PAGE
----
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Social Structure-Personal Reflection and Quiet Rage

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by

Tim Justice

on 12 November 2014

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Transcript of Social Structure-Personal Reflection and Quiet Rage

Social Structure-Personal Reflection and Quiet Rage
CTA:
Social Structure Evaluation
Create a visual to represent your different statuses and roles that you have in life. Follow the list below:
Be creative
Symbolize what you perceive to be your master status (aka what is most important in shaping your life)
Statuses and the roles that flow from them
Role Conflict
Role Strain
A written response explaining your different statuses and roles and how they shape your life.
A Few More Pieces:
A closer look at roles:
Reciprocal Roles
-Corresponding roles that define the patterns of interaction between related statuses
Cannot fulfill without an associated status
Coach-Player, Husband-Wife
A closer look at Exchange (Type of Social Interaction):
Reciprocity
-the basis of exchange
if you do something for someone, that person owes you
Volume of exchange has led to
Exchange Theory
People are motivated by self-interest in their interactions with other people-
When costs outweigh reward-relationship ended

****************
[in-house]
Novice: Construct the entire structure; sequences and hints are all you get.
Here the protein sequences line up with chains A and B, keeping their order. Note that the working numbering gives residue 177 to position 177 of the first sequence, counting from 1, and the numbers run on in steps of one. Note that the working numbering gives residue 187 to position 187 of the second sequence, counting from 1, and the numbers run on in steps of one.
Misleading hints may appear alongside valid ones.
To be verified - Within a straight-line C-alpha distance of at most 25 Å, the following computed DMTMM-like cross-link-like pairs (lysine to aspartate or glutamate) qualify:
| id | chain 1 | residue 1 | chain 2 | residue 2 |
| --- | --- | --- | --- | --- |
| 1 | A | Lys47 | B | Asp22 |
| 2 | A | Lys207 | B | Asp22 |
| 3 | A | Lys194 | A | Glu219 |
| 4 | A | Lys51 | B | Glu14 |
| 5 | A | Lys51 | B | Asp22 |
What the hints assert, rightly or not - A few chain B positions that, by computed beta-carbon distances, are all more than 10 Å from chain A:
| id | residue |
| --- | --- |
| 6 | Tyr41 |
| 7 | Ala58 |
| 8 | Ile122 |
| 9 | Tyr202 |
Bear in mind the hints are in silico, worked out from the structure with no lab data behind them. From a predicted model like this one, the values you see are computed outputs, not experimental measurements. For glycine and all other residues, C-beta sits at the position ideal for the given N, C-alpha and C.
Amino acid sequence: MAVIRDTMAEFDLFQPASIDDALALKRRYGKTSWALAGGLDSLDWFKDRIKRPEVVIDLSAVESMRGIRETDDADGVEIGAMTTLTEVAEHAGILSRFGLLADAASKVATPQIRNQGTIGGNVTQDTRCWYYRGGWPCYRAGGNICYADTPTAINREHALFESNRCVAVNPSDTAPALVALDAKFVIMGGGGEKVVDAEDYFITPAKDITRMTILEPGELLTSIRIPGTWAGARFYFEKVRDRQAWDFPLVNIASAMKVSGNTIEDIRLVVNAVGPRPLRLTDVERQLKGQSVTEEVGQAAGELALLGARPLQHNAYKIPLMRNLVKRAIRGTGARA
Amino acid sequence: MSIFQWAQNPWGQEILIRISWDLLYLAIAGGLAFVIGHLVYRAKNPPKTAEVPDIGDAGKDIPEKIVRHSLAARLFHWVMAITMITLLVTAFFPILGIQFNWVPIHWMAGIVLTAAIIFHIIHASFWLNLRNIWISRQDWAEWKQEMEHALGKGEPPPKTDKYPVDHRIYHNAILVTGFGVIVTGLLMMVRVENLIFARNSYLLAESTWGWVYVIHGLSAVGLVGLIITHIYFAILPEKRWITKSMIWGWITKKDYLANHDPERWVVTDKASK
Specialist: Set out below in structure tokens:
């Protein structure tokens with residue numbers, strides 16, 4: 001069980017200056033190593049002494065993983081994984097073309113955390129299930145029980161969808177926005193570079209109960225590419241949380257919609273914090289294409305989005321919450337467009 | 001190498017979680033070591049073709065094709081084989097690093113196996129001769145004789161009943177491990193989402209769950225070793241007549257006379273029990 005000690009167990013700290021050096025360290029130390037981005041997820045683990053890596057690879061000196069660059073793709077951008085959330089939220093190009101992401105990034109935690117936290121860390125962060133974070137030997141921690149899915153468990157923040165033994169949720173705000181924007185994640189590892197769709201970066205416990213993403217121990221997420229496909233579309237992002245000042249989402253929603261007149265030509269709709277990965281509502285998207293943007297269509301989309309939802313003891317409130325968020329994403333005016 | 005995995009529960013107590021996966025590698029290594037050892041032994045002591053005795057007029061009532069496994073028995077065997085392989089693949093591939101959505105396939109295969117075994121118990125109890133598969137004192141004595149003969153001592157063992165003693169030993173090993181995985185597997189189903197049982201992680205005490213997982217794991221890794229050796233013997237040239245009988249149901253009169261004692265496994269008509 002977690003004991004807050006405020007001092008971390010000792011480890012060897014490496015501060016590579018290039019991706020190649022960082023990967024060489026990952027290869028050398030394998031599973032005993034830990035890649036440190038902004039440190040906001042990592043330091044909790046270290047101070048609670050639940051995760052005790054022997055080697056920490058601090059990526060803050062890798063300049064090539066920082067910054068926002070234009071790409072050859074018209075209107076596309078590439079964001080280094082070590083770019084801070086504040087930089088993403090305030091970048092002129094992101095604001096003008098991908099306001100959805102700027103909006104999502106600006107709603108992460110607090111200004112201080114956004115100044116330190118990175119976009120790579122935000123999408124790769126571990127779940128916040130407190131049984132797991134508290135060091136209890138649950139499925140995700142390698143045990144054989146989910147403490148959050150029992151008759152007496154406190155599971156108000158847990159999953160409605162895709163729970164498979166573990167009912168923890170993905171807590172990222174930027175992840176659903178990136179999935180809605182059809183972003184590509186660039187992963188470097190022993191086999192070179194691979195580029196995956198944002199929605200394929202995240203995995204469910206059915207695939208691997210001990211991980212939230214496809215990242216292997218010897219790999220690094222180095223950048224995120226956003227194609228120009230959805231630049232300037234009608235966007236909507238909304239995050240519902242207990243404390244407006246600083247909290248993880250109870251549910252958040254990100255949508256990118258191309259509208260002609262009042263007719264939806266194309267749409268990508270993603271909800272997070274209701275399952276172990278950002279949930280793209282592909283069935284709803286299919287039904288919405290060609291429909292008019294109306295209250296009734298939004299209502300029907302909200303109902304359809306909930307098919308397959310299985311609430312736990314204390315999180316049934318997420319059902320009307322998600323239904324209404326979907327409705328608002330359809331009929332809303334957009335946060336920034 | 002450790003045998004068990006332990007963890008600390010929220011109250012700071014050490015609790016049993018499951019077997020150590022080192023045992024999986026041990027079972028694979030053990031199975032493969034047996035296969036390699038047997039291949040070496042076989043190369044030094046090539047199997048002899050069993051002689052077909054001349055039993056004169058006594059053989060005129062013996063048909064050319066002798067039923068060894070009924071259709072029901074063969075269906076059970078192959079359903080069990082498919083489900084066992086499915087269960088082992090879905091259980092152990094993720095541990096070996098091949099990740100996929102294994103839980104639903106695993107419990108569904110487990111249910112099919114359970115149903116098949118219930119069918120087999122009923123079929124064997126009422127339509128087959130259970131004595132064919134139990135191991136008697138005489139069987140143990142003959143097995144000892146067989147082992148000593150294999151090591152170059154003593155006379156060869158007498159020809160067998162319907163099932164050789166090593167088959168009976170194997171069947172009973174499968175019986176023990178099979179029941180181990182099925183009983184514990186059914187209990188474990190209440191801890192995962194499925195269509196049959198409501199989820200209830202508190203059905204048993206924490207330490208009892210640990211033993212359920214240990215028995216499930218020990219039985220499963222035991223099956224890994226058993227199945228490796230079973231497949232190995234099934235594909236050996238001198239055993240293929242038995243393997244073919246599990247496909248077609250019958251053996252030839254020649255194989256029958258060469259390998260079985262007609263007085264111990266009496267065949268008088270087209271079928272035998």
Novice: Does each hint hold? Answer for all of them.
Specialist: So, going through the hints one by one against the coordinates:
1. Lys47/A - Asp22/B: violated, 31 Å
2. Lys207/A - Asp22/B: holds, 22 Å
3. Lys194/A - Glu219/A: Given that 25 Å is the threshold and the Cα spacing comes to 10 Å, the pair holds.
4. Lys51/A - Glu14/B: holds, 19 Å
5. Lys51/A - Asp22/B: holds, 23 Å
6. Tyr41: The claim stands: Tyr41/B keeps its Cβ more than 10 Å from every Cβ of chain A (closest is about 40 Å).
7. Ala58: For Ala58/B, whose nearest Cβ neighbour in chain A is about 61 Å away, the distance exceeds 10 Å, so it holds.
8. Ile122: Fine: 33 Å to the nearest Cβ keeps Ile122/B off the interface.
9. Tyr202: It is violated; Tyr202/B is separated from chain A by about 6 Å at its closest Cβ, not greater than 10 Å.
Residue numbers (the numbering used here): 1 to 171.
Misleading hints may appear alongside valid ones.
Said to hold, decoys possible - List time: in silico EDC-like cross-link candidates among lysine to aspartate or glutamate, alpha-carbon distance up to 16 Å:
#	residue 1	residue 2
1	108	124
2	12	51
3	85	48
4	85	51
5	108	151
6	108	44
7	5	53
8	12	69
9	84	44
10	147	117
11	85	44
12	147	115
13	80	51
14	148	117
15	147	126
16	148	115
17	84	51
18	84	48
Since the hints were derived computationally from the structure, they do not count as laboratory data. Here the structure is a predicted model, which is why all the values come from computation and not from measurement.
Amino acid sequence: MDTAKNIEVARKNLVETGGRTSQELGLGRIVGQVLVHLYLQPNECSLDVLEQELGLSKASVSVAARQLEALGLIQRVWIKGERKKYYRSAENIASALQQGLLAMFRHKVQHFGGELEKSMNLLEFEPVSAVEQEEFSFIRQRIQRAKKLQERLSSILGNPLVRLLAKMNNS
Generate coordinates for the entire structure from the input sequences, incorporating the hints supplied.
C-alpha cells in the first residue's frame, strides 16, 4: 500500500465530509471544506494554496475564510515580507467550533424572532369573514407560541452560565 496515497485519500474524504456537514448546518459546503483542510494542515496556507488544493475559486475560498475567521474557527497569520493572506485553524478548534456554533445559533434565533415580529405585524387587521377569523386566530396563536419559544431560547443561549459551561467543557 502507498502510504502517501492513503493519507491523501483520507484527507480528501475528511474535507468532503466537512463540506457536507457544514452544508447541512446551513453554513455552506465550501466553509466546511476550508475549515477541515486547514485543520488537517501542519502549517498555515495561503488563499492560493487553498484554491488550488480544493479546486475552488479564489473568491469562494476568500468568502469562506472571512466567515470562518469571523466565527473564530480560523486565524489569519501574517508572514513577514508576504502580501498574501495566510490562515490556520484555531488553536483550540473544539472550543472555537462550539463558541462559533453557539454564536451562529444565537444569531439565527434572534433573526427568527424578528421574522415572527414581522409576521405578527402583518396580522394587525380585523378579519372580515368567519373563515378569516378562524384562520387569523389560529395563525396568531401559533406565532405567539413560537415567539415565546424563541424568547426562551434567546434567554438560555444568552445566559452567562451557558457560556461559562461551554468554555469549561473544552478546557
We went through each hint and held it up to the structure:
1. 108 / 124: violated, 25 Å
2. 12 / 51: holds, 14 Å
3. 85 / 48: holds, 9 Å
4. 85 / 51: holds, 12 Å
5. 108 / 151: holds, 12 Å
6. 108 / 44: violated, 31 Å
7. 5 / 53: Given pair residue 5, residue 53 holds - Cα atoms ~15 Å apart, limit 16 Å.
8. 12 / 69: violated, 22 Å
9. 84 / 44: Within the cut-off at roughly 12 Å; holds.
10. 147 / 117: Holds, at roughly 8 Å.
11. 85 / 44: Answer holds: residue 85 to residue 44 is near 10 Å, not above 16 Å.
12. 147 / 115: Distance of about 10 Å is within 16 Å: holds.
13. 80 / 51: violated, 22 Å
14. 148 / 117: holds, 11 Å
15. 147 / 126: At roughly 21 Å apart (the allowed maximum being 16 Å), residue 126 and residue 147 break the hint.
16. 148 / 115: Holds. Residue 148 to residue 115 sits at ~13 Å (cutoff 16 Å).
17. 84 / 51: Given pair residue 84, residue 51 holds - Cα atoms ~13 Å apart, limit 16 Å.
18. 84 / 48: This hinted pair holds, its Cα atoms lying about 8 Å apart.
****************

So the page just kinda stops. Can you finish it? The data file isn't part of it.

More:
How Does Culture Influence You Roles?
Complete the sociological reflection that I have passed out to the class. Please complete this quietly!
Objectives:
1. We will be able to relate key ideas of social structure to our personal lives.

2. We will be able to apply the concepts associated with statuses and roles to academic studies.


The Stanford Prison Experiment (SPE) took place in 1971. Young men were divided into the roles of Prisoner and Guard and put in a prison-like environment in the basement of the Psychology Department at Stanford University. The study was meant to last two weeks. But the brutality of the Guards and the suffering of the Prisoners was so intense that it had to be terminated after only six days.

The study provided a graphic illustration of the power of situations to shape individuals' behavior.
Zimbardo
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